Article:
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United States Department of Agriculture

Agricultural Research Service

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Sherry Flint-Garcia -- USDA ARS in Columbia, MO
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The lab is associated with many research projects. Links to some of these projects and other interesting websites are listed below.

USDA Agricultural Research Service
The Agricultural Research Service (ARS) is the U.S. Department of Agriculture's chief scientific research agency. Our job is finding solutions to agricultural problems that affect Americans every day, from field to table.

NSF Funded Project: Genetic Architecture of Maize and Teosinte
Genetic architecture is the constellation of gene effects and interactions that underlie variation in a quantitative trait -- the map between phenotype and genotype. The goal of this NSF-funded project is to improve our understanding of the genetic architecture of four complex trait groups in maize and teosinte: domestication syndrome, flowering time, plant height, and kernel quality. To do this, we utilize 1) nested-association mapping (NAM), linkage, association, and fine mapping analyses to identify QTL and candidate genes, 2) nearly isogenic lines (NILs) to characterize allelic series and epistatic interactions, 3) genetic architecture-based models to predict phenotype in a broad range of germplasm. The genetic architectures of the four trait groups are compared and contrasted, all in the context of how recombination and past domestication bottlenecks have influenceced the genomic distribution of functional diversity.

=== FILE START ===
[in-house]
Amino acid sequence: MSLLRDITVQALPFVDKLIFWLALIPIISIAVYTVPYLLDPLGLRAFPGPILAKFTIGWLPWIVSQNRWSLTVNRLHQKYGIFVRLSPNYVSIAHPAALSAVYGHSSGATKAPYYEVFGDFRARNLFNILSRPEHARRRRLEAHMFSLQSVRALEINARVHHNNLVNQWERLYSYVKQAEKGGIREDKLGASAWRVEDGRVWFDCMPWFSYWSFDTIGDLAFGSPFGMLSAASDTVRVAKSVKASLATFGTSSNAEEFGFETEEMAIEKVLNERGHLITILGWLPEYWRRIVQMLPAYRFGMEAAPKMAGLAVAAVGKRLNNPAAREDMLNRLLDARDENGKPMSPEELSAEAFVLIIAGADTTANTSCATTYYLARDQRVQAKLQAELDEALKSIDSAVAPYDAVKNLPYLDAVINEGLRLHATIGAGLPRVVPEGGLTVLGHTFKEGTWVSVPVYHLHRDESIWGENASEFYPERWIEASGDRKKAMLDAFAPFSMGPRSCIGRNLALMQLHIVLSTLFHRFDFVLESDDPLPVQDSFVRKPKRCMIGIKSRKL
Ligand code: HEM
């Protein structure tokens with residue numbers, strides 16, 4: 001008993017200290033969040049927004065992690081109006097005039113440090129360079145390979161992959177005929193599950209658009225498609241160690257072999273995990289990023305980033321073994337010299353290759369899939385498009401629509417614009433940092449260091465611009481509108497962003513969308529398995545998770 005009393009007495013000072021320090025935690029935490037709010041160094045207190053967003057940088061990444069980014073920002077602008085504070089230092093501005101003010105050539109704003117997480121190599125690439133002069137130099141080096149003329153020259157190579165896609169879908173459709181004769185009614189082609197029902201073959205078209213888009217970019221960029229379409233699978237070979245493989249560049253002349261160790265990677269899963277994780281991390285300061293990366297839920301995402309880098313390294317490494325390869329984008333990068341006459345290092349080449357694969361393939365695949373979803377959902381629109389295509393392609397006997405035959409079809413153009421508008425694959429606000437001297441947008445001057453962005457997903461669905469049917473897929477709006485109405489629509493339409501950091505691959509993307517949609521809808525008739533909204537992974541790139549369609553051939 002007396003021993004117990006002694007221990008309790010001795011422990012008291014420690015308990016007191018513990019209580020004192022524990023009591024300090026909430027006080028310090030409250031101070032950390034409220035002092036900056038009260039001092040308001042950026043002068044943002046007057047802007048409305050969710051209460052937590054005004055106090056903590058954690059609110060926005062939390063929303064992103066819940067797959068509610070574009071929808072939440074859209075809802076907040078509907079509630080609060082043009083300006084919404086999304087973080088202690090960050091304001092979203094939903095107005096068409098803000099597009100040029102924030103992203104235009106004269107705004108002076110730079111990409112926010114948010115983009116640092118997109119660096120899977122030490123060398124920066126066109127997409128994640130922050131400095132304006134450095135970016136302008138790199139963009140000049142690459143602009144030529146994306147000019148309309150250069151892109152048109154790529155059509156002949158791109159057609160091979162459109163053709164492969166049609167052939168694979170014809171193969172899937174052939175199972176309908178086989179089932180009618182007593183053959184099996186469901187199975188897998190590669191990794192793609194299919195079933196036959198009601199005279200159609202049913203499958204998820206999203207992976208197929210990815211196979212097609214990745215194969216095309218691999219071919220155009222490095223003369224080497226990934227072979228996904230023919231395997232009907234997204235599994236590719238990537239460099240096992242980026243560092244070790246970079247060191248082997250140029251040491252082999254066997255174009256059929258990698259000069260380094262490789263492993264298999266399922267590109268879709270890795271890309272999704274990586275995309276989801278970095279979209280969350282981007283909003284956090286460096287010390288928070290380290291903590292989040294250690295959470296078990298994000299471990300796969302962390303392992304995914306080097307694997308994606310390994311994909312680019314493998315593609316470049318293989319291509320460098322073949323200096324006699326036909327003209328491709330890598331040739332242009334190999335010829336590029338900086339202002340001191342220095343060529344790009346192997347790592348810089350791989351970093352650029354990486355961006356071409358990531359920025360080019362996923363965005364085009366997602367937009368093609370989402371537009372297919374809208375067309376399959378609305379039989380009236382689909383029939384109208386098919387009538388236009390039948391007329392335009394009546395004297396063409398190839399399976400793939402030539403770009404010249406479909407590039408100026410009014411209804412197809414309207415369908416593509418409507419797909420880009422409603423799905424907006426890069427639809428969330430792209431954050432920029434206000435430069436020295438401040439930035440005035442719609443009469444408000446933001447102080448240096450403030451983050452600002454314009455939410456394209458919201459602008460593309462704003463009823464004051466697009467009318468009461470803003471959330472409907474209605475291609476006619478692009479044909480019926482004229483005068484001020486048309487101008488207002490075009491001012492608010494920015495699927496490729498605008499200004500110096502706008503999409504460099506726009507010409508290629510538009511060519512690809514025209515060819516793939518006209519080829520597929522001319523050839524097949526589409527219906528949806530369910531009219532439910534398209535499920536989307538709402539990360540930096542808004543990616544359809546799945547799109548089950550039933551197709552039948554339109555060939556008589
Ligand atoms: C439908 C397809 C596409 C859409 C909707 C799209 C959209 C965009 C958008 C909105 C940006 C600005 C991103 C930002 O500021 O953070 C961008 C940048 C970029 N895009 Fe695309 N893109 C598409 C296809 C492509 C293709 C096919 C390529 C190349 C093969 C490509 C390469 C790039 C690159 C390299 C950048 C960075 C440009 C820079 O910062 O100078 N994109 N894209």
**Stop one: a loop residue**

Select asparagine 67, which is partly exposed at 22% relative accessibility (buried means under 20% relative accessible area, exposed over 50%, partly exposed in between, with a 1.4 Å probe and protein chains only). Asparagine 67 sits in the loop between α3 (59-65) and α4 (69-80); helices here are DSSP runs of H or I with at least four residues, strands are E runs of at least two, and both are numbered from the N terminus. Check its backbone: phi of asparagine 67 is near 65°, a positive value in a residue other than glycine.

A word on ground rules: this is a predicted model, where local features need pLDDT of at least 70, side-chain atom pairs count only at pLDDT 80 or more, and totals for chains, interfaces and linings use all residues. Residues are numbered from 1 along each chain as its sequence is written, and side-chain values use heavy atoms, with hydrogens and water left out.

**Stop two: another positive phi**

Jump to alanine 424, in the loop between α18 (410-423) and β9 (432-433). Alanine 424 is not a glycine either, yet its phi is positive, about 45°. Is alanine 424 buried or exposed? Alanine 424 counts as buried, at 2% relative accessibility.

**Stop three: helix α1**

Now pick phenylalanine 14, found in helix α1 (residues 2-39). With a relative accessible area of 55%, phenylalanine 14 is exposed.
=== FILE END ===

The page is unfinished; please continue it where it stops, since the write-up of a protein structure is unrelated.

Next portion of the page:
Division of Plant Sciences at the University of Missouri
The Division of Plant Sciences was formed through the consolidation of the former departments of Agronomy, Entomology, Horticulture, and Plant Microbiology & Pathology. The Division of Plant Sciences provides leadership for plant, insect, and microbe-based research, education and extension programs in the College of Agriculture and Natural Resources.

Interdisciplinary Plant Group
The interdisciplinary research and study programs at the University of Missouri involve research teams from six divisions-- Agronomy, Biochemistry, Biological Sciences, Forestry, Nutritional Sciences, and Plant Microbiology and Pathology. This truly unique interdisciplinary environment brings together the approaches and tools of all of these disciplines to study plants and plant-related biological processes.

The Germplasm Enhancement of Maize (GEM) Project
The GEM Project is a cooperative research effort of the USDA-ARS, land grant universities, private industry, and international and non-governmental organizations to broaden the germplasm base of maize.

 
 
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Last Modified: 4/9/2010
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